In addition to the positive list, FDA also released “Nominated Bulk Drug Substances That May NOT Be Used to Compound Office Stock Drugs or Antidotes for Use in Animals,” (the “Negative List”) which currently includes 11 bulk drug substances commonly used in compounding animal drugs. Even though many of these substances have been used by veterinarians for more than 20 years, FDA disqualifies them, claiming that FDA-approved human or animal products can be used as starting material. In so doing, FDA disregards such issues as the quantity of finished product needed (in the case of Dexamethasone or Enrofloxacin this could be hundreds of tablets); the size of the finished compound (in the case of Budesonide or Gabapentin, a compounded capsule may be 5 times larger than a compounded tablet); and the appropriateness of the finished product for use as a starting material (in the case of Itraconazole, FDA-approved finished product is a cyclodextran coated bead that could not possibly be used to make an eye drop or ointment). Other instances (Chloramphenicol, Idoxuridine) override years of veterinarians’ diagnostic and therapeutic experience by stating that a different drug should be used initially, and only upon failure can the veterinarian prescribe the desired treatment.
Ultimately, the “Negative List” demonstrates that GFI #256 prohibits compounding using any API that also is contained in an FDA-approved human or animal drug. To nominate a drug to the positive list, it must not be a component of any FDA-approved drug, and no other approved drug can be used to treat the indication. Doxycycline, for example, is prohibited because it is an approved human drug. This restriction eliminates virtually every common medication that compounding pharmacies prepare for veterinarians! These include amlodipine, budesonide, buprenorphine, chlorambucil, desmopressin, enrofloxacin, fluconazole, fluoxetine, gabapentin, ketoconazole, lomustine, methimazole, penicillamine, pentosan, phenylbutazone, piroxicam, prazosin, prednisolone, sildenafil, theophylline, trilostane, tylosin, ursodiol, zonisamide, and more.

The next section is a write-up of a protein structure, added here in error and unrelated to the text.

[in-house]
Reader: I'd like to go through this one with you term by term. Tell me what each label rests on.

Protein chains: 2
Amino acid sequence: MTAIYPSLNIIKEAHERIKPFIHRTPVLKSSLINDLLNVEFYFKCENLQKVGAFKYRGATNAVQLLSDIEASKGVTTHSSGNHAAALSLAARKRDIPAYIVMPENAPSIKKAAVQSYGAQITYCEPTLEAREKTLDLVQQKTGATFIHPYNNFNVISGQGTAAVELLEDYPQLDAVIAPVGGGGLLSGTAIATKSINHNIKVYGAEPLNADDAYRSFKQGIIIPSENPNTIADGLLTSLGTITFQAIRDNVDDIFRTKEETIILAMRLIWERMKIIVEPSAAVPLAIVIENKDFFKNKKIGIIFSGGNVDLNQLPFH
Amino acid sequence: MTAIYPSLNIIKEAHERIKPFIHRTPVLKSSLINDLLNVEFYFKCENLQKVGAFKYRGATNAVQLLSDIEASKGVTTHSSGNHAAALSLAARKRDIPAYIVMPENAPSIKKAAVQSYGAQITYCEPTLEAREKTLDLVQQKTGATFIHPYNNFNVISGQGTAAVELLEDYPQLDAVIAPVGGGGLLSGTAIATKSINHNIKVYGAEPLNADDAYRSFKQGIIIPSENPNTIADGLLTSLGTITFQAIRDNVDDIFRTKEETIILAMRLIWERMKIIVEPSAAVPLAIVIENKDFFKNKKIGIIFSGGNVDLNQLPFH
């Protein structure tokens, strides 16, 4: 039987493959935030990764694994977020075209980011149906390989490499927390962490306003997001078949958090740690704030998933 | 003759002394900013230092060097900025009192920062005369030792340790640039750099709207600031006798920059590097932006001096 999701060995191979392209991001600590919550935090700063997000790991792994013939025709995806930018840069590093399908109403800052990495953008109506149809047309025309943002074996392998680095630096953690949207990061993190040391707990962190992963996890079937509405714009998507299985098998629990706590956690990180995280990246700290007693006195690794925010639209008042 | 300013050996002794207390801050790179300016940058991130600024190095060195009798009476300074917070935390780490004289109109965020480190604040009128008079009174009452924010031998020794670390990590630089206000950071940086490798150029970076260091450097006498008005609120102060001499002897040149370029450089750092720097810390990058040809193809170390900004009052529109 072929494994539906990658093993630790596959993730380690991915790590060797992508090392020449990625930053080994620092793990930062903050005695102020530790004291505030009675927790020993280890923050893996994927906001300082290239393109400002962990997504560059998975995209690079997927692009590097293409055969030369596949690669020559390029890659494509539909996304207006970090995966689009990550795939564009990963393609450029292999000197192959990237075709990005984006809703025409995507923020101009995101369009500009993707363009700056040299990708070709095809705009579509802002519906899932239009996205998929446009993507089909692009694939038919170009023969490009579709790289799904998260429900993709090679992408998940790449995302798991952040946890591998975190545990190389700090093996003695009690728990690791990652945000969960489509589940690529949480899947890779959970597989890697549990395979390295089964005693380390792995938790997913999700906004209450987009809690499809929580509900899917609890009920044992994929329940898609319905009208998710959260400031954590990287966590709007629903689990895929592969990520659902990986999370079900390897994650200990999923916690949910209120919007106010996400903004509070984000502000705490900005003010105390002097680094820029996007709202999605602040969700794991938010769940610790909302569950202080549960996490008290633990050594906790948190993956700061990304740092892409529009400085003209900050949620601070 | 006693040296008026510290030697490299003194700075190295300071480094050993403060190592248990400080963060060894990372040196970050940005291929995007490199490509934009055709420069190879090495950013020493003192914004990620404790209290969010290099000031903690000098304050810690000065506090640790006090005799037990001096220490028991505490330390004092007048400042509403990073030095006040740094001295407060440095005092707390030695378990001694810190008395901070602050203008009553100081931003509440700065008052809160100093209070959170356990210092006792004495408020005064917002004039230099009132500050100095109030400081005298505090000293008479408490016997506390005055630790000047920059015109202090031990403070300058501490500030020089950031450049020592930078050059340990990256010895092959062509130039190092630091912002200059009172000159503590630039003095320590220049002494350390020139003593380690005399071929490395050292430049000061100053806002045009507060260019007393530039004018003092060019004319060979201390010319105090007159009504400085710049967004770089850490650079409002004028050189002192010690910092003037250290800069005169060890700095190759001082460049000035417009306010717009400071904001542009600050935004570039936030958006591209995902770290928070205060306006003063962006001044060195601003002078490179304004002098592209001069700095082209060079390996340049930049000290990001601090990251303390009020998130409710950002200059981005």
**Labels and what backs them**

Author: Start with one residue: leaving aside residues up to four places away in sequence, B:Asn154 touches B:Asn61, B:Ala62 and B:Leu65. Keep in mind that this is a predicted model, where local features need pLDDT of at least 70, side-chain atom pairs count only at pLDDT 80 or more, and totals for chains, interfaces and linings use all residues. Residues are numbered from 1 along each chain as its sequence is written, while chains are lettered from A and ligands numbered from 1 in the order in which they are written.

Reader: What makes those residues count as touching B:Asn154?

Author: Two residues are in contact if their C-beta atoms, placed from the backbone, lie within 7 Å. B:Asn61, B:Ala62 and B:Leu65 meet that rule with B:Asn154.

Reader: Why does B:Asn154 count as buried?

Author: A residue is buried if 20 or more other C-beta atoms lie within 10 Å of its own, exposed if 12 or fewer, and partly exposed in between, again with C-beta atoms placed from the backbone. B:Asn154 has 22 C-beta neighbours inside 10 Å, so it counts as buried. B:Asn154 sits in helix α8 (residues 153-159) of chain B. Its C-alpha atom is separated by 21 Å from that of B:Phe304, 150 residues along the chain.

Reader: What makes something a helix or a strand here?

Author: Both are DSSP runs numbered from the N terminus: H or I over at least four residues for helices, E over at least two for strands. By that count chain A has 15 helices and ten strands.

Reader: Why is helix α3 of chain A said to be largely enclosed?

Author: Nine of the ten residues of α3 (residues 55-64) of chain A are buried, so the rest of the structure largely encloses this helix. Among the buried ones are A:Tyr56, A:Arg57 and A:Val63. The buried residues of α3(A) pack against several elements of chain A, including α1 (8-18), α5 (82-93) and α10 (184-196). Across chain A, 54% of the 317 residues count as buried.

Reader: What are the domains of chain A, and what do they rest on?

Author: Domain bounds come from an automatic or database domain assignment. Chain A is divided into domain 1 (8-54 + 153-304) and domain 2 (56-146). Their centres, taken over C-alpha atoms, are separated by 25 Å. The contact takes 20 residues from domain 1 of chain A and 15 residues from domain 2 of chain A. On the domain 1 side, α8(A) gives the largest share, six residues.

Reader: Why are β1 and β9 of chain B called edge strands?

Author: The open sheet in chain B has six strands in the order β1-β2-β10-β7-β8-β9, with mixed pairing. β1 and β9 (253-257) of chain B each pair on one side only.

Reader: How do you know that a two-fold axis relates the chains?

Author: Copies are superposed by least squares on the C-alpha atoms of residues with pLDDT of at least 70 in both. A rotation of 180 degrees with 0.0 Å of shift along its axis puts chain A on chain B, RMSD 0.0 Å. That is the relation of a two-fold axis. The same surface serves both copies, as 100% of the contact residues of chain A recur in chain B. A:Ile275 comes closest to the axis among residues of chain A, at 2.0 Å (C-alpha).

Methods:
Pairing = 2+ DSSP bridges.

The APIs on the current positive list are very narrowly defined by FDA in terms of strengths, dosage forms, species, and indications. Therefore, many frequently used compounded medications would no longer be available to veterinarians and the pets in their care. This chart shows medications that are currently offered in the formulary of one large animal-health compounding pharmacy that could no longer be offered if the FDA’s new guidance were to be issued.
Medication on FDA’s currently proposed positive list.
This proposed nomination process is extremely onerous, and nearly identical to the one for human health that began in 2015 as part of the implementation of the 2013 Drug Quality and Security Act (DQSA), which does not apply to animal health. The new animal-health guidance does not give any hints as to how a positive list would be developed and approved. But if the progress of developing a similar positive list for human health is to be any guide, there is a 64% failure rate of FDA adding common ingredients to the human health positive list.